She is responsible for the management and supervision of a team of ten lawyers undertaking a full range of employment law cases and advice work on behalf of a number of trade unions and their members.
She has responsibility for her own small caseload of strategically important cases, providing advice on all aspects of employment law but particularly discrimination law and the Transfer of Undertakings (Protection of Employment) Regulations.
She is a member of Thompsons’ Trade Union Law Group and is responsible for providing employment law advice at national level to one of Thompsons’ trade union clients as well as advising on the law relating to their national industrial action campaigns.
Rachel has been involved in a number of significant cases, including:
Bent and ors v Central Manchester University Hospitals NHS Foundation Trust  - The Manchester employment tribunal found that a pay progression policy unilaterally imposed by the Trust constituted a breach of Agenda for Change (a nationally agreed set of terms and conditions). As the case was being treated as a national test case by both unions and employers, other NHS Trusts subsequently withdrew similar policies.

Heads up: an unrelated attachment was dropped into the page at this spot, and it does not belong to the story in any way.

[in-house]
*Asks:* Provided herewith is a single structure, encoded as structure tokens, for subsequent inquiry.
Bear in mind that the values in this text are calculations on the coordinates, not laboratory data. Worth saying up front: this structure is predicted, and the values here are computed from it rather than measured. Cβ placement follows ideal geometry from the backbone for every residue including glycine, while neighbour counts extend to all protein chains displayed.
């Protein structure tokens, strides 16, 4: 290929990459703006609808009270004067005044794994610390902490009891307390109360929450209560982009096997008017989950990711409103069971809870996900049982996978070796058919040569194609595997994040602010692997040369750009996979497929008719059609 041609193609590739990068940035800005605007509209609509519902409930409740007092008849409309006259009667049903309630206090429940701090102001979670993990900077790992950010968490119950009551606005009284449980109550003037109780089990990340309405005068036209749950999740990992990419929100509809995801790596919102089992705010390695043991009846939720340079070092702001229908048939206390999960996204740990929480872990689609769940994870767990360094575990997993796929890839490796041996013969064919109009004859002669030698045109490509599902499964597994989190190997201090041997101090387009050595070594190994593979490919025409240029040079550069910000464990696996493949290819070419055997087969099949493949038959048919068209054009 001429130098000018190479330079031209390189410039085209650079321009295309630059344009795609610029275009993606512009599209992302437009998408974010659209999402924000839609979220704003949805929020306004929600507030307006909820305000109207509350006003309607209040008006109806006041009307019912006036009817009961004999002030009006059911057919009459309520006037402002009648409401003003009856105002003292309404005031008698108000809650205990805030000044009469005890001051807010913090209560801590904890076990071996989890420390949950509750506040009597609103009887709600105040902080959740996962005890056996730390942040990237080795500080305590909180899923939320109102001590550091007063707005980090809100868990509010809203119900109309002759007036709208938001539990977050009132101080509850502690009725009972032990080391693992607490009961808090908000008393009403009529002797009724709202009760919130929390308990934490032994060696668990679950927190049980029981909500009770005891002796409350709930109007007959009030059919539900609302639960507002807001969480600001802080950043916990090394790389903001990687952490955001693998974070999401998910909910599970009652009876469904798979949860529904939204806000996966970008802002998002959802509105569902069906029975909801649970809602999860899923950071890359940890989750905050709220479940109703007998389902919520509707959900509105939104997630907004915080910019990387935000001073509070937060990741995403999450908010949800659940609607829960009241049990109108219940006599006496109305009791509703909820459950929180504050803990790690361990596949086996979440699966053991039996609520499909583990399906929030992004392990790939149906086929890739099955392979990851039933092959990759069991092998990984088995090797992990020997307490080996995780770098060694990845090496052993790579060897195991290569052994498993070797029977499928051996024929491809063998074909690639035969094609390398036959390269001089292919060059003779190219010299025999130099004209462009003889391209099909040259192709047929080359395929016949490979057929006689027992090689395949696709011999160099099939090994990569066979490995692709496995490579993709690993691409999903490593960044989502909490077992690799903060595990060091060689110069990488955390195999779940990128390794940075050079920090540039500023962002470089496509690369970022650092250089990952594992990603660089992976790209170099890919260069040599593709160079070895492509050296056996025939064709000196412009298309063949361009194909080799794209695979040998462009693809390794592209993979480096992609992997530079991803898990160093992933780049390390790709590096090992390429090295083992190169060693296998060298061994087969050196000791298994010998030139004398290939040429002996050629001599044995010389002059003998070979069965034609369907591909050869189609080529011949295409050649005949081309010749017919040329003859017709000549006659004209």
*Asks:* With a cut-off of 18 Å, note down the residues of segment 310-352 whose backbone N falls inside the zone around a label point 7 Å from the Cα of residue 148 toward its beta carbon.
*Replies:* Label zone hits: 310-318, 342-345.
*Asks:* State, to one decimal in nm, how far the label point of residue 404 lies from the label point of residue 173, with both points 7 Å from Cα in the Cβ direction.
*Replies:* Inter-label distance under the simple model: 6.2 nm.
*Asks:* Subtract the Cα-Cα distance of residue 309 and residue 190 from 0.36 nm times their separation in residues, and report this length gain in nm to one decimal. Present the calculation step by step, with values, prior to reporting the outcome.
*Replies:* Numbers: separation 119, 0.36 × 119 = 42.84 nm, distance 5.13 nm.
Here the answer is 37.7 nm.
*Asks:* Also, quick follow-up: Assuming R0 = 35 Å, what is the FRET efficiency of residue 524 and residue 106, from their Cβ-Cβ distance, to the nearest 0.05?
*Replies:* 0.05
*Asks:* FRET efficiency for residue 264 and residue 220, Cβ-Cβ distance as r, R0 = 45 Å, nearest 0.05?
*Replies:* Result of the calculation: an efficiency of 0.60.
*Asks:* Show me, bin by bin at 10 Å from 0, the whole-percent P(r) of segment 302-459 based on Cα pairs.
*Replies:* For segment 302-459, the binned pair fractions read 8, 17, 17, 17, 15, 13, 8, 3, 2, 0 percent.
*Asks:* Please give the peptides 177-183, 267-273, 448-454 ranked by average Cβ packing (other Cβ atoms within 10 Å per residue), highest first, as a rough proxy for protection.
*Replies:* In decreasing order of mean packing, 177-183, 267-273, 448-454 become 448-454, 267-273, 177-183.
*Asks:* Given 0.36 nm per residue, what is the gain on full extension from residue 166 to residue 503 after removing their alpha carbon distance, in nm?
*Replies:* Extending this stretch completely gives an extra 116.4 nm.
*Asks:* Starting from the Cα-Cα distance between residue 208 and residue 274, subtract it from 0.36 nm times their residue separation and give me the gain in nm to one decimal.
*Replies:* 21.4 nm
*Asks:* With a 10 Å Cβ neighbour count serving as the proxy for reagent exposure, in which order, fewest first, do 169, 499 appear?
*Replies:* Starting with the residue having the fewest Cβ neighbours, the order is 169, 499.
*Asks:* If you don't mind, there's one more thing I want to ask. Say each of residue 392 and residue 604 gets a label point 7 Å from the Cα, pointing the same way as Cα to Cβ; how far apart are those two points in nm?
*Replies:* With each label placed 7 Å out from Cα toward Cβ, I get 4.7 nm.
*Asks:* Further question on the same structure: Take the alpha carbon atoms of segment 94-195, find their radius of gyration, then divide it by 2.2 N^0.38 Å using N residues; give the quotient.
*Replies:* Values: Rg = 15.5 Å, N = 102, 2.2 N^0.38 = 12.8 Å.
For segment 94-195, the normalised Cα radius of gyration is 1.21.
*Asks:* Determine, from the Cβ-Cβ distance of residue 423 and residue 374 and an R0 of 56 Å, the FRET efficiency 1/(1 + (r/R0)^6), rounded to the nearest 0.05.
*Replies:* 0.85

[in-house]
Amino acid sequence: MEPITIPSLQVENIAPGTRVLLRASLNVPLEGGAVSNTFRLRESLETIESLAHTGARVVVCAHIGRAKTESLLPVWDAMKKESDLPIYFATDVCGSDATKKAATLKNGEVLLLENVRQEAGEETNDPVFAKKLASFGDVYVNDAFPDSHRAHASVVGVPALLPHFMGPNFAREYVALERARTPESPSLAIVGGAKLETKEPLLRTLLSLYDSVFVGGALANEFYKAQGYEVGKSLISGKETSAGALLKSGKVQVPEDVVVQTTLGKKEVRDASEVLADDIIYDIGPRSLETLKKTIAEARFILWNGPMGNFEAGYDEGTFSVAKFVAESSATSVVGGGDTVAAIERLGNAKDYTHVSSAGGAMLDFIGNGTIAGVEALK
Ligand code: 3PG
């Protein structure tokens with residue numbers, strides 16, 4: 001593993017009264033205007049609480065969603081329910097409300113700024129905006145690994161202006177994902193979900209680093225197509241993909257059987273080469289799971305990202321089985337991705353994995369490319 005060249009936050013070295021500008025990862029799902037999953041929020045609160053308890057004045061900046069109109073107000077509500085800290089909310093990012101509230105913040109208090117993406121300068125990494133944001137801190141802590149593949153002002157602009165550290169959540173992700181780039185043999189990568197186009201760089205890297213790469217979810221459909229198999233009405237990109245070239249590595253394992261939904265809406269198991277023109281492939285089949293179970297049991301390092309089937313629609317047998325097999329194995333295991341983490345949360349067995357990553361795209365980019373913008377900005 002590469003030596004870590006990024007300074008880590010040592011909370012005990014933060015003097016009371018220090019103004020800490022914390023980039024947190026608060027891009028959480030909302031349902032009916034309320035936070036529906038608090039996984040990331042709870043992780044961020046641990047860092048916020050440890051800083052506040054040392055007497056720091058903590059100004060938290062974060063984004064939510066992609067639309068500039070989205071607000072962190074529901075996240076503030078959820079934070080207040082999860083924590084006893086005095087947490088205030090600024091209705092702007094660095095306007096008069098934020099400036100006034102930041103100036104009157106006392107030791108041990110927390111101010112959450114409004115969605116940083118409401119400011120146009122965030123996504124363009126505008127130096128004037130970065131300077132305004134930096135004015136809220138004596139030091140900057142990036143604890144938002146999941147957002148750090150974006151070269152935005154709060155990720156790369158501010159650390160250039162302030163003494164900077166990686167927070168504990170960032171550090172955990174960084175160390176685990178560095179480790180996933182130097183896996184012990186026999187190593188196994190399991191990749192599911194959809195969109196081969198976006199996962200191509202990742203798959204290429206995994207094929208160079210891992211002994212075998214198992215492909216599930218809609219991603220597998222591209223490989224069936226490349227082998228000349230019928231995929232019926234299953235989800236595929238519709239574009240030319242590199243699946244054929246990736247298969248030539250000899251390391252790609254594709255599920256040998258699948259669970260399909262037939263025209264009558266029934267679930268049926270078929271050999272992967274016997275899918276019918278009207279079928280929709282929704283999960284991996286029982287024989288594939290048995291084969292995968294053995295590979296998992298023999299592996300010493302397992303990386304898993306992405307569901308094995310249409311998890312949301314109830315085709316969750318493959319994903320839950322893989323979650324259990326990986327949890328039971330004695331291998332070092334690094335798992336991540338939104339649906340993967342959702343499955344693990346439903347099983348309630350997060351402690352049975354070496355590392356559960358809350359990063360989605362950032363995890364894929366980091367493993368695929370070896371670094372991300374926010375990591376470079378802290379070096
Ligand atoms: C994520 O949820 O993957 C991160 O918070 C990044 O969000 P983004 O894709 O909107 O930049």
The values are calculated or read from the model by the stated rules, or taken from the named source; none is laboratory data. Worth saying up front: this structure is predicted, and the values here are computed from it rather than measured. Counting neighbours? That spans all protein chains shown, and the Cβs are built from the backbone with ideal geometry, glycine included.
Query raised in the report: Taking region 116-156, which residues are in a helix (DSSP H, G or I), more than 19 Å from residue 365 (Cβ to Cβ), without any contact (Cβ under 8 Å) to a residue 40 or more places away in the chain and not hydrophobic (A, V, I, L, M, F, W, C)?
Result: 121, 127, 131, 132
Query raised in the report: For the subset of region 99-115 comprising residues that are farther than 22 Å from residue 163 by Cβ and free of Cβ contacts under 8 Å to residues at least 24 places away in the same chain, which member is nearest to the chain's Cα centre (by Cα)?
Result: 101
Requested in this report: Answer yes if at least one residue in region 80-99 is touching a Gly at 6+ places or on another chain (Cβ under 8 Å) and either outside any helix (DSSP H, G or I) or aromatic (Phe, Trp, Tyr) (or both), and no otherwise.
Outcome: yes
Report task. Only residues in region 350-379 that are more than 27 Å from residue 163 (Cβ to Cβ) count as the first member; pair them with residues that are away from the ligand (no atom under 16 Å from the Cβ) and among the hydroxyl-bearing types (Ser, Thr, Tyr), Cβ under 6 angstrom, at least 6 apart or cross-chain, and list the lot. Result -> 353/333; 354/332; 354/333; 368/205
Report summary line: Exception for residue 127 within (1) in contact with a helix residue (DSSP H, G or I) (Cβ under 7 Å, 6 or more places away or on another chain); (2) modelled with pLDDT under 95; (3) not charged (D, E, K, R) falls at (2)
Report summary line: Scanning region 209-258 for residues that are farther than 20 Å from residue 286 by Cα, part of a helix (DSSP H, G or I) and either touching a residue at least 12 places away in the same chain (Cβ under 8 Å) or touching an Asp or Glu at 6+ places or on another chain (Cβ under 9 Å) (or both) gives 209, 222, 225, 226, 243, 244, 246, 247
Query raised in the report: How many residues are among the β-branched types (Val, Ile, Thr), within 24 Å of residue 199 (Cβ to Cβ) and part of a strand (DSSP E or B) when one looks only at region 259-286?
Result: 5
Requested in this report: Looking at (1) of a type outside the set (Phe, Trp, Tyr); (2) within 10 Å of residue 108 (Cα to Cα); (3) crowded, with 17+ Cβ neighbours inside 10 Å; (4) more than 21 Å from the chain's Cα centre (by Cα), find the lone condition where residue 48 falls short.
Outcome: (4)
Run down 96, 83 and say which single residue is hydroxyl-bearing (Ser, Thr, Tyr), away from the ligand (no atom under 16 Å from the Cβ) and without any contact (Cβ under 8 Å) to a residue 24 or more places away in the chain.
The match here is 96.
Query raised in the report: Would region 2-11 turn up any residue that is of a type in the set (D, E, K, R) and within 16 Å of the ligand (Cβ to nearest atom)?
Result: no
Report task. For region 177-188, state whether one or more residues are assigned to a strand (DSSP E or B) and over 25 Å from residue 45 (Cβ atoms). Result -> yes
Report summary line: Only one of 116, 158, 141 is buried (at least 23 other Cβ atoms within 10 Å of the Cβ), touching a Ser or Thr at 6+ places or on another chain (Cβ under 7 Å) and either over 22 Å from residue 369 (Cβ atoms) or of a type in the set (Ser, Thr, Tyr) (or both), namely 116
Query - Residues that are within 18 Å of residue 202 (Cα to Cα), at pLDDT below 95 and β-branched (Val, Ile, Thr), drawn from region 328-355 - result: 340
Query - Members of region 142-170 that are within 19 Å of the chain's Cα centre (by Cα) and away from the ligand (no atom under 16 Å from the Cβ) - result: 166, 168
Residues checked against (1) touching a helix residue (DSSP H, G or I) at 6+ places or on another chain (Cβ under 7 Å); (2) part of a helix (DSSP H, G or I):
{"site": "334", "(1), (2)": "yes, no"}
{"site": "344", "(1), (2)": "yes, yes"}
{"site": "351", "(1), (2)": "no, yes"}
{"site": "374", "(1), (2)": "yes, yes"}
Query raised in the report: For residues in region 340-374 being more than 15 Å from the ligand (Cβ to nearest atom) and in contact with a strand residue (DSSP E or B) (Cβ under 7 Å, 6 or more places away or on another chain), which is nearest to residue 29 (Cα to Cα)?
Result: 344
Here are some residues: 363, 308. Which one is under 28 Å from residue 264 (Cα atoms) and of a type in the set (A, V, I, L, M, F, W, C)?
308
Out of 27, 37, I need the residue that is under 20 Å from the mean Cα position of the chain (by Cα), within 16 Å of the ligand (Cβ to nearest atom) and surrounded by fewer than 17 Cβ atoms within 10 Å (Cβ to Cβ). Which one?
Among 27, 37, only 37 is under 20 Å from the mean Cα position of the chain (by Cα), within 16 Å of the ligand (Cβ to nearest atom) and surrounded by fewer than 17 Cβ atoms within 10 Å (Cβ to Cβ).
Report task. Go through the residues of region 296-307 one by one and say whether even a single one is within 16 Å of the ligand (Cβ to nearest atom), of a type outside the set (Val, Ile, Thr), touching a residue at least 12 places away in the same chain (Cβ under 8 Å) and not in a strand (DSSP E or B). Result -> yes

Secretary of State for Work and Pensions v Mr B Whyment McCarthy  - the Employment Appeal Tribunal (EAT) upheld a tribunal decision that the way in which the employer had dealt with a complaint against the claimant amounted to unlawful discrimination on the ground of his sexual orientation.
Lyle v Bury Metro Racial Equality Council and ors  - the EAT upheld the tribunal decision that the employer had failed to make reasonable adjustments by not considering the installation of a stair lift.
Khan v Manchester Primary Care Trust  - the Manchester employment tribunal found that the employer’s decision not to appoint the claimant to a post amounted to unlawful discrimination on grounds of her race and awarded compensation of £58,000.
Rachel regularly provides training seminars on employment law for union clients at both local and national level.
She writes commentary on employment law matters for Thompsons’ Labour and European Law Review and also provides employment law surgeries for union regional officials in the north west.
Rachel is a member of the Industrial Law Society.
Rachel qualified as a solicitor in 1999. She worked at Brain Chase Coles as a civil litigation and employment lawyer before joining Thompsons’ employment rights unit in 2002.
National union official : “We are delighted with the judgment and can I add my thanks to you and everyone else involved in this key case.”
Regional union official: “That’s brilliant you’ve done really well Rachel. I do remember how complicated it was”.
Union member: ” I was extremely impressed at all times by your professional competence and I felt extremely safe in your hands.”